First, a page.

There’s something going on inside which is one of the things I work with clients. I work with that and I work with, “Let’s unblock that and let’s get the right strategies so that we can double whatever you have in the next twelve months.” That was a learning for me. I didn’t somehow pick all that up. I didn’t internalize it because at five I decided I was going to be a millionaire. At 25, I had a four-storey home on the water and a brand-new Mercedes in the garage when it was a Bentley because there weren’t that many around. It’s amazing how there are so many now, but you go back 3 or 4 decades, it was a rare thing somebody had a Mercedes. I got there because of my belief system. I didn’t know how I was going to do it. I want everybody reading to read that clearly.
The first step, wherever you’re at, I don’t care if you’re at $1 million, $5 million or you’re not even at $100,000, it doesn’t matter. It’s all the same thing. The first step is getting clear about where you want to go. It’s not how you’re going to get there. If you’re clear about where you want to go and you’re 100% committed, that path is going to unfold. You’re going to figure it out. You’re going to have synchronicities occur because you’re driven to get there. That’s the first step for everybody.
It’s important and a lot of people worry about all those steps in the middle. A lot of what we’re going to see coming up is mentorship. It’s going to be such a huge part of what gets people to that end goal. If you don’t know where you’re going, you might end up somewhere else. That’s a huge point. You didn’t know where you were going in your twenties. You felt that you weren’t having a lot of meaning. Didn’t you live in a Buddhist monastery for a while?
That was later. That was at 40 or 41. What happened was I went to college, I was going to go to med school, get all my premed and decided that it was the right decision for me. It was my first major intuitive decision. It was a good decision. I’m glad I have the science background but I ended up with a Master’s and my first graduate degree was a Master’s in Clinical Psychology. When I was finishing that at 22, I went home and I was working on my thesis. My father always had a jagged financial life. If the company did well that he had one year, the next year it would lose money. It was always up and down and everything was pretty much on the road to bankruptcy. I didn’t know anything about this because my father kept saying, “Will you come and work with me?”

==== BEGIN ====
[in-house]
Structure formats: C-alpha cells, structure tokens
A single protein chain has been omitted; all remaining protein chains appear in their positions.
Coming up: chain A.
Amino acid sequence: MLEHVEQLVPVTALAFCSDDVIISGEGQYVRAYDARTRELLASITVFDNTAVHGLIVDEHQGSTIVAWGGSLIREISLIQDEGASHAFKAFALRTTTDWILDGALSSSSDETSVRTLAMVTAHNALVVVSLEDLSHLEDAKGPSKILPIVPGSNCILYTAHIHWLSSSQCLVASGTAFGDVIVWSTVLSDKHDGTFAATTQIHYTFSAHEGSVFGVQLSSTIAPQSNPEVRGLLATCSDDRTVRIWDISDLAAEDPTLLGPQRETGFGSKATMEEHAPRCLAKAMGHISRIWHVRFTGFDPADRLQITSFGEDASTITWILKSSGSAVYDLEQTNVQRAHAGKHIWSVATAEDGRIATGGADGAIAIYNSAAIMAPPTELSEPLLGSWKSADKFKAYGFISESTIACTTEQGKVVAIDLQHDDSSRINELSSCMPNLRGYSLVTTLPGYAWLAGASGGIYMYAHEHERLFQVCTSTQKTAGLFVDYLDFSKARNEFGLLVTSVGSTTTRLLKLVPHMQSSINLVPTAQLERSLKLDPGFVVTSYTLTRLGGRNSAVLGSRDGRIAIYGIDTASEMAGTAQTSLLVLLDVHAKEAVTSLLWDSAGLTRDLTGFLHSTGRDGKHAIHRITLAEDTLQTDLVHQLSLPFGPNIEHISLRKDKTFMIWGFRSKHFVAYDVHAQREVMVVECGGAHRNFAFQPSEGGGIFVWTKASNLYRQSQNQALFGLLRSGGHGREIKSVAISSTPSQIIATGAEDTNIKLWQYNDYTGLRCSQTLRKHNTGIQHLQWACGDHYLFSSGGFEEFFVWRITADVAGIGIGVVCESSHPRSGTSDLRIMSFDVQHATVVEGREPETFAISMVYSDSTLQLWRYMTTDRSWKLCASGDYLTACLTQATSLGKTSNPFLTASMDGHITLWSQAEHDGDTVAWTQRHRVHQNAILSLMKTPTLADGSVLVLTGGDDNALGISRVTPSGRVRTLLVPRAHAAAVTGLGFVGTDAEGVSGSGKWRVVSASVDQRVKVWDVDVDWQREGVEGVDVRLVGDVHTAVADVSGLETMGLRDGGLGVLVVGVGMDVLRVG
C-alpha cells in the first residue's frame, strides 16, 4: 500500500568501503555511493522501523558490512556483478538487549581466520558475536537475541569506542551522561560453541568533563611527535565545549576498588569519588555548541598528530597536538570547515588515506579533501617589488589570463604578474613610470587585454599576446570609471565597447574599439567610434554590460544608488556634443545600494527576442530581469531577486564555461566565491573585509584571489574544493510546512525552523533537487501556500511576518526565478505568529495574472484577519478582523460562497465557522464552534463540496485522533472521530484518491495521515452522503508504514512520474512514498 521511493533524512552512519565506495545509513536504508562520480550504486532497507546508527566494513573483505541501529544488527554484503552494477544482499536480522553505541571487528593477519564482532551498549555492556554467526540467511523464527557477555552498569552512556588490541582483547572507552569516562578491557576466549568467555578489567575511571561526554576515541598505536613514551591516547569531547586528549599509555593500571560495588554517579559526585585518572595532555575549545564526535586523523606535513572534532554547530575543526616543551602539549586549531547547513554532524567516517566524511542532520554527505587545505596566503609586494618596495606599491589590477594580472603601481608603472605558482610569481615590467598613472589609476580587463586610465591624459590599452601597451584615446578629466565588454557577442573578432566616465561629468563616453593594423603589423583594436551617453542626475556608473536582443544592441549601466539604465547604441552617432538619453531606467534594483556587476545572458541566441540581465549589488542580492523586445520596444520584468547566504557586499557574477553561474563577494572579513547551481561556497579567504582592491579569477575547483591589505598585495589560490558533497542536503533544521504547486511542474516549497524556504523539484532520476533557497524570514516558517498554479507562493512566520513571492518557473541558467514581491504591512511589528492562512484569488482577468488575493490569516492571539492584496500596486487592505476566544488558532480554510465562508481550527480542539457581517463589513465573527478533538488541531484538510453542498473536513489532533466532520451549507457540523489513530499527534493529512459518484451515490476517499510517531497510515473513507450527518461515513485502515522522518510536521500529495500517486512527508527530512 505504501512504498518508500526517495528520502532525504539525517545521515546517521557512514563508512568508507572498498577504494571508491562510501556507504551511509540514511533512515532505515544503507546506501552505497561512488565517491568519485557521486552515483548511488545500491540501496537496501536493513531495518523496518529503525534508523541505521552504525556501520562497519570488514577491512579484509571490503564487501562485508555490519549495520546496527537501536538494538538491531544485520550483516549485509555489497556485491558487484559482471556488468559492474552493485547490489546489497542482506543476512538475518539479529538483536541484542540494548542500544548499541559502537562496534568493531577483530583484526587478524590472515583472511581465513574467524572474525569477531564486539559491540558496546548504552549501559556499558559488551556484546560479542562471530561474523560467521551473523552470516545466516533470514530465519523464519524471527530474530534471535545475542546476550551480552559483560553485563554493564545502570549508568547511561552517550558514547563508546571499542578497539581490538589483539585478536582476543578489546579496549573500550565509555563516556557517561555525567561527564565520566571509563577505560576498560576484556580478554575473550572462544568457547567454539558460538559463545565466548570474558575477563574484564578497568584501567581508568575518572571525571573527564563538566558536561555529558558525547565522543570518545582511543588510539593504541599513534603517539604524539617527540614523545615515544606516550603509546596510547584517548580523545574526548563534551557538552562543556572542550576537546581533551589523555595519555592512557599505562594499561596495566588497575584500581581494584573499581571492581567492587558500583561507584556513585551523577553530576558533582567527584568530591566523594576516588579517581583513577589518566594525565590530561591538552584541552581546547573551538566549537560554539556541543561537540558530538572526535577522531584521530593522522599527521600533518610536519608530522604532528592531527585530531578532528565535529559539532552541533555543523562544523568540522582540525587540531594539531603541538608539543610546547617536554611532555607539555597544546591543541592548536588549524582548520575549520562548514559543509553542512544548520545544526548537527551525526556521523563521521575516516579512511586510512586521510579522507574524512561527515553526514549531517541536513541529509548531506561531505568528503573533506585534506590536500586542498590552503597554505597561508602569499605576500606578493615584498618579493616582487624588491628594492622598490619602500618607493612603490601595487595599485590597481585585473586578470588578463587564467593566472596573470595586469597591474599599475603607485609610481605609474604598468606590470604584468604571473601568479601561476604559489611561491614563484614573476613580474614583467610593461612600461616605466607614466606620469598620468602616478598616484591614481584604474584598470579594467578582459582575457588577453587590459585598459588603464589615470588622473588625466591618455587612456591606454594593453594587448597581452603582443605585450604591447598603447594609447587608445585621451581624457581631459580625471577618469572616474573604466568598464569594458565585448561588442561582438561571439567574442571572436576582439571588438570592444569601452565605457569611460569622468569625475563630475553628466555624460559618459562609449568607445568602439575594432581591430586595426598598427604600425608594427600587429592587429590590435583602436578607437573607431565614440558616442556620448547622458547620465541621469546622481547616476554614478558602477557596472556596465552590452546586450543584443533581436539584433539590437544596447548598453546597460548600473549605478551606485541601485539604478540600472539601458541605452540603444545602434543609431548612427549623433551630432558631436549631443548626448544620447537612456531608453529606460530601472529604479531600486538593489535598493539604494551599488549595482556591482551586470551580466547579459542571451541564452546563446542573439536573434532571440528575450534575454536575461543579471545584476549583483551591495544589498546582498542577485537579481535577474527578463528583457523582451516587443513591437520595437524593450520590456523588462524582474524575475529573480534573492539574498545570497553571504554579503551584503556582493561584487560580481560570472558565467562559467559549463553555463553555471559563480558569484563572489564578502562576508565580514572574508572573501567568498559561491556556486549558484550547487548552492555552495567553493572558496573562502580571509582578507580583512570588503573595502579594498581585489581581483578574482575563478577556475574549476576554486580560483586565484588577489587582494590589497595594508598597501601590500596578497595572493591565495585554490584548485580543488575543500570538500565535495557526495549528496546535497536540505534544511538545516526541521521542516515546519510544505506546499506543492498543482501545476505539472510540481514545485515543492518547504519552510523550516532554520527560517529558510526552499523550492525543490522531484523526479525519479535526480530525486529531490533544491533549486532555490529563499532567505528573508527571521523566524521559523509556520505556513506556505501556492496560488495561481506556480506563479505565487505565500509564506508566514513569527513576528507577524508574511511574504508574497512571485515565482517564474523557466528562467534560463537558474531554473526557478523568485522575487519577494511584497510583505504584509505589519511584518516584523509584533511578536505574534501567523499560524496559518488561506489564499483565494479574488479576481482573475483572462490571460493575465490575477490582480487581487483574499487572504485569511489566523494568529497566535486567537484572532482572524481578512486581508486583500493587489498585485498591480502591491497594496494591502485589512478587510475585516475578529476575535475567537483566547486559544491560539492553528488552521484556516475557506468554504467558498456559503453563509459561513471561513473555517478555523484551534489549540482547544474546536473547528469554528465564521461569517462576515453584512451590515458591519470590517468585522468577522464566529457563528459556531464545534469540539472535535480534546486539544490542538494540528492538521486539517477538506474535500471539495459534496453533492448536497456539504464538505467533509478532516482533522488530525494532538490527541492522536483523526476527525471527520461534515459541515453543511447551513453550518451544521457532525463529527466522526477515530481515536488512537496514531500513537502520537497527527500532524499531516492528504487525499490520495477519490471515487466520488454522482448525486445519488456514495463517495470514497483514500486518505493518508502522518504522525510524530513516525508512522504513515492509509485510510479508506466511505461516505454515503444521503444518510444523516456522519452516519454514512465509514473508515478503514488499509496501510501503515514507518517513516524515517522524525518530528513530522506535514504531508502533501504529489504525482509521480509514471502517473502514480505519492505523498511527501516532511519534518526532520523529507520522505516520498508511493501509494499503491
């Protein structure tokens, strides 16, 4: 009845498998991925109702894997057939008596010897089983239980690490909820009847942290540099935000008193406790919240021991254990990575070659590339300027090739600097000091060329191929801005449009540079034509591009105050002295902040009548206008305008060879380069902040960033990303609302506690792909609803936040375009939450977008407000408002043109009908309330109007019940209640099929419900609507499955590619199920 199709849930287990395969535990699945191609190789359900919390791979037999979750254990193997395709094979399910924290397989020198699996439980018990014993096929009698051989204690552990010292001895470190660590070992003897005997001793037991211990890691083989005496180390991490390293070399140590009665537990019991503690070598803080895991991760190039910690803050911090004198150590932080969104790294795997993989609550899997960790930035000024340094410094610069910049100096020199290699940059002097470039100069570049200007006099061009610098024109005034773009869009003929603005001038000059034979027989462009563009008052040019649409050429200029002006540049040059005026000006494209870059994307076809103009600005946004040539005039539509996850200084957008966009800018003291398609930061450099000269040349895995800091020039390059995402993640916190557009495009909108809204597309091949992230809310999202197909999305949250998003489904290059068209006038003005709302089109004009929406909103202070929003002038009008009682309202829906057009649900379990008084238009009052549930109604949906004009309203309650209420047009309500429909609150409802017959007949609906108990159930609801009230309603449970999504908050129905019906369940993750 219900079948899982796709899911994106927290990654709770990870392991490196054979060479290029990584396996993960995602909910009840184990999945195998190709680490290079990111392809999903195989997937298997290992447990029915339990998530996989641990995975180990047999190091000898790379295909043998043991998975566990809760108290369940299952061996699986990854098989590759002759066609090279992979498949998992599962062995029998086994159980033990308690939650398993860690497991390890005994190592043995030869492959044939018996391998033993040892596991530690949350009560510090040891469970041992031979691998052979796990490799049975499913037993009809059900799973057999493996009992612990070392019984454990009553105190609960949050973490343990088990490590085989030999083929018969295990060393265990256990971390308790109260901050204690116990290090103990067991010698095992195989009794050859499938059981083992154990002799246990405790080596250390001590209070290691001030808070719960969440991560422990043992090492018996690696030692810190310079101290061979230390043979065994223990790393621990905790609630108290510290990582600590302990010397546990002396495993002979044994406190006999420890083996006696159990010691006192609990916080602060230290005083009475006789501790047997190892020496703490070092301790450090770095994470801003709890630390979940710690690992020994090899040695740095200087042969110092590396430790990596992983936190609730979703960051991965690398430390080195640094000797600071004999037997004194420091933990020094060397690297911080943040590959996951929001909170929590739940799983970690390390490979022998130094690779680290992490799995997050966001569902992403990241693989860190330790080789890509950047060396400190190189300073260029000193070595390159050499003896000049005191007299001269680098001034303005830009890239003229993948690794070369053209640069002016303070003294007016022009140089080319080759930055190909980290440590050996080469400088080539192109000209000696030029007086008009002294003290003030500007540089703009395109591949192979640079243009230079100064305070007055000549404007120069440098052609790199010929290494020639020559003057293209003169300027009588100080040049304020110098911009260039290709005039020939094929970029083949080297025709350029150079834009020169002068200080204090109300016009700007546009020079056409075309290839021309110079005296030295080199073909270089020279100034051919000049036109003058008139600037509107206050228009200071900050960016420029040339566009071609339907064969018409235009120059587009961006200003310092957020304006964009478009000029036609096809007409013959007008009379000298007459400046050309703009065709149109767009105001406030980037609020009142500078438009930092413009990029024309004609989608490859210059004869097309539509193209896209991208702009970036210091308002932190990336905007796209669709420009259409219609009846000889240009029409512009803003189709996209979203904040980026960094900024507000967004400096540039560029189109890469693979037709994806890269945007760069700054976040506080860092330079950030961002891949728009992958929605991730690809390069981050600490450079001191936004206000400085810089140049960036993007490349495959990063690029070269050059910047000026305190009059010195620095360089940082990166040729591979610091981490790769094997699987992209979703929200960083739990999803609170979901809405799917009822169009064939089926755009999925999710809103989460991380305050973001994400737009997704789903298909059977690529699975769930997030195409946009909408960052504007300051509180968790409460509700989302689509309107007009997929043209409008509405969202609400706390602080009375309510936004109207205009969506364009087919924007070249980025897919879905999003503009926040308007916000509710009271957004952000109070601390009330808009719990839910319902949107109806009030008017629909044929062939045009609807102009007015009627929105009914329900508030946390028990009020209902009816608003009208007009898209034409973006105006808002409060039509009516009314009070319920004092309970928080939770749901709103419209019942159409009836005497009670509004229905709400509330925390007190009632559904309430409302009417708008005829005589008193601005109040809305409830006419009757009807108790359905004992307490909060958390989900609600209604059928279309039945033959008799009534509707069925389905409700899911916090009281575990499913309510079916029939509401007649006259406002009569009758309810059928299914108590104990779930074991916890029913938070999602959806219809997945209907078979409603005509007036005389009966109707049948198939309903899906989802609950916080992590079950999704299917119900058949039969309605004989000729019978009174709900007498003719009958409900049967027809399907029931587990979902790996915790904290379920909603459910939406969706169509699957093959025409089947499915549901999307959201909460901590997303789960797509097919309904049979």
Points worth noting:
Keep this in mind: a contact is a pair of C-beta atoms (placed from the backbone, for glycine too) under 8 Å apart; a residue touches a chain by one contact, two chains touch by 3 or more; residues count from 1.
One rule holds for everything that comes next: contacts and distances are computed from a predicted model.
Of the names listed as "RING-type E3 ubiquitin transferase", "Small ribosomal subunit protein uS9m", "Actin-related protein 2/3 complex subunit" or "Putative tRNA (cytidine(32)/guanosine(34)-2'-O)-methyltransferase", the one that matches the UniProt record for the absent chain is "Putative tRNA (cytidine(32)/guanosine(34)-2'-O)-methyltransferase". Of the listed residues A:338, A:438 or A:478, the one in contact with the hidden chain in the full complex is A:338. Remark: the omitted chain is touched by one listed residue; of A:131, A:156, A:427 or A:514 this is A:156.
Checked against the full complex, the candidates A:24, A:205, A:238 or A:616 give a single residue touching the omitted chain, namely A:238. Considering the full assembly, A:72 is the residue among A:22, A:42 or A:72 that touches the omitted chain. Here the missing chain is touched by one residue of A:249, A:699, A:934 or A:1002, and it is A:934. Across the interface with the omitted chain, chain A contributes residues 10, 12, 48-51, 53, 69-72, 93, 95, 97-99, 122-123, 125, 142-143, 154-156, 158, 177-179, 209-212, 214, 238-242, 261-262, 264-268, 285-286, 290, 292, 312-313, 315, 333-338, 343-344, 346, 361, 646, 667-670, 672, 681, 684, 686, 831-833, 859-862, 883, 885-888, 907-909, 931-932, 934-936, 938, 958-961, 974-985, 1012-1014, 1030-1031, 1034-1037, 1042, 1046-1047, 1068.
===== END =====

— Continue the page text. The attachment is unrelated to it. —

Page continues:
He knew that I knew how to figure out things going. I’ve been good at school, and I was always able to figure out answers to problems. What’s interesting is, not because I wanted to be an entrepreneur, even though I got all these entrepreneurial things as a little kid like I had a lawn mowing business, sold cards and candles to everybody in town. I was always looking for something to sell and going door to door to do it. I didn’t get that it was entrepreneurial. We didn’t have any money and if I was going to get a Coca-Cola, I had to come up with the money and that’s what that was about.
At any rate, I said, “I’ll work with you for six months.” It turned out it was a duck to water. I was entrepreneurial to the core. I put in all these systems. I didn’t even know the column systems, but I had a system for how to do things in school. I started systemizing things and every day I’d go, “This is my outcome. How do I get there?” I would focus on it. Within three months, it was a regional trucking line. I realized that our suppliers were taking extreme advantage of the situation. I started taking bids. Once I took bids, all of a sudden, our costs went down. I also discovered that every week, we had less cash coming in than we paid out. I talked to all of our clients and in one day I raised our rates as much as 25% to a major client. I said, “We can’t keep giving you this service unless you can pay us more money because we’re losing money.” In the fourth month, I opened our own maintenance company to do all the maintenance on all of our trucks and trailers.
That saved us a lot of money. By the end of the year, I’m past the six months, I’m going, “This is fun and interesting.” For the first time, I’m beginning to make money and I see how there’s a whole thing here that I can build. This is interesting. By the third year, we’re making as much as $100,000 profit a month. I was on my way because there was a millionaire in this incredible new home, four storeys on the water with the Mercedes. Something major happened. In the third month, I wrote about it in the book because it was important, it was one of the most major pivots in my life. I realized in a single moment, every time I describe it, it’s like I’m there again. There are palm trees on the front lawn, there’s the bay in front of me, people sailing, the sun is shining and I said to myself, “Something is wrong with this picture.”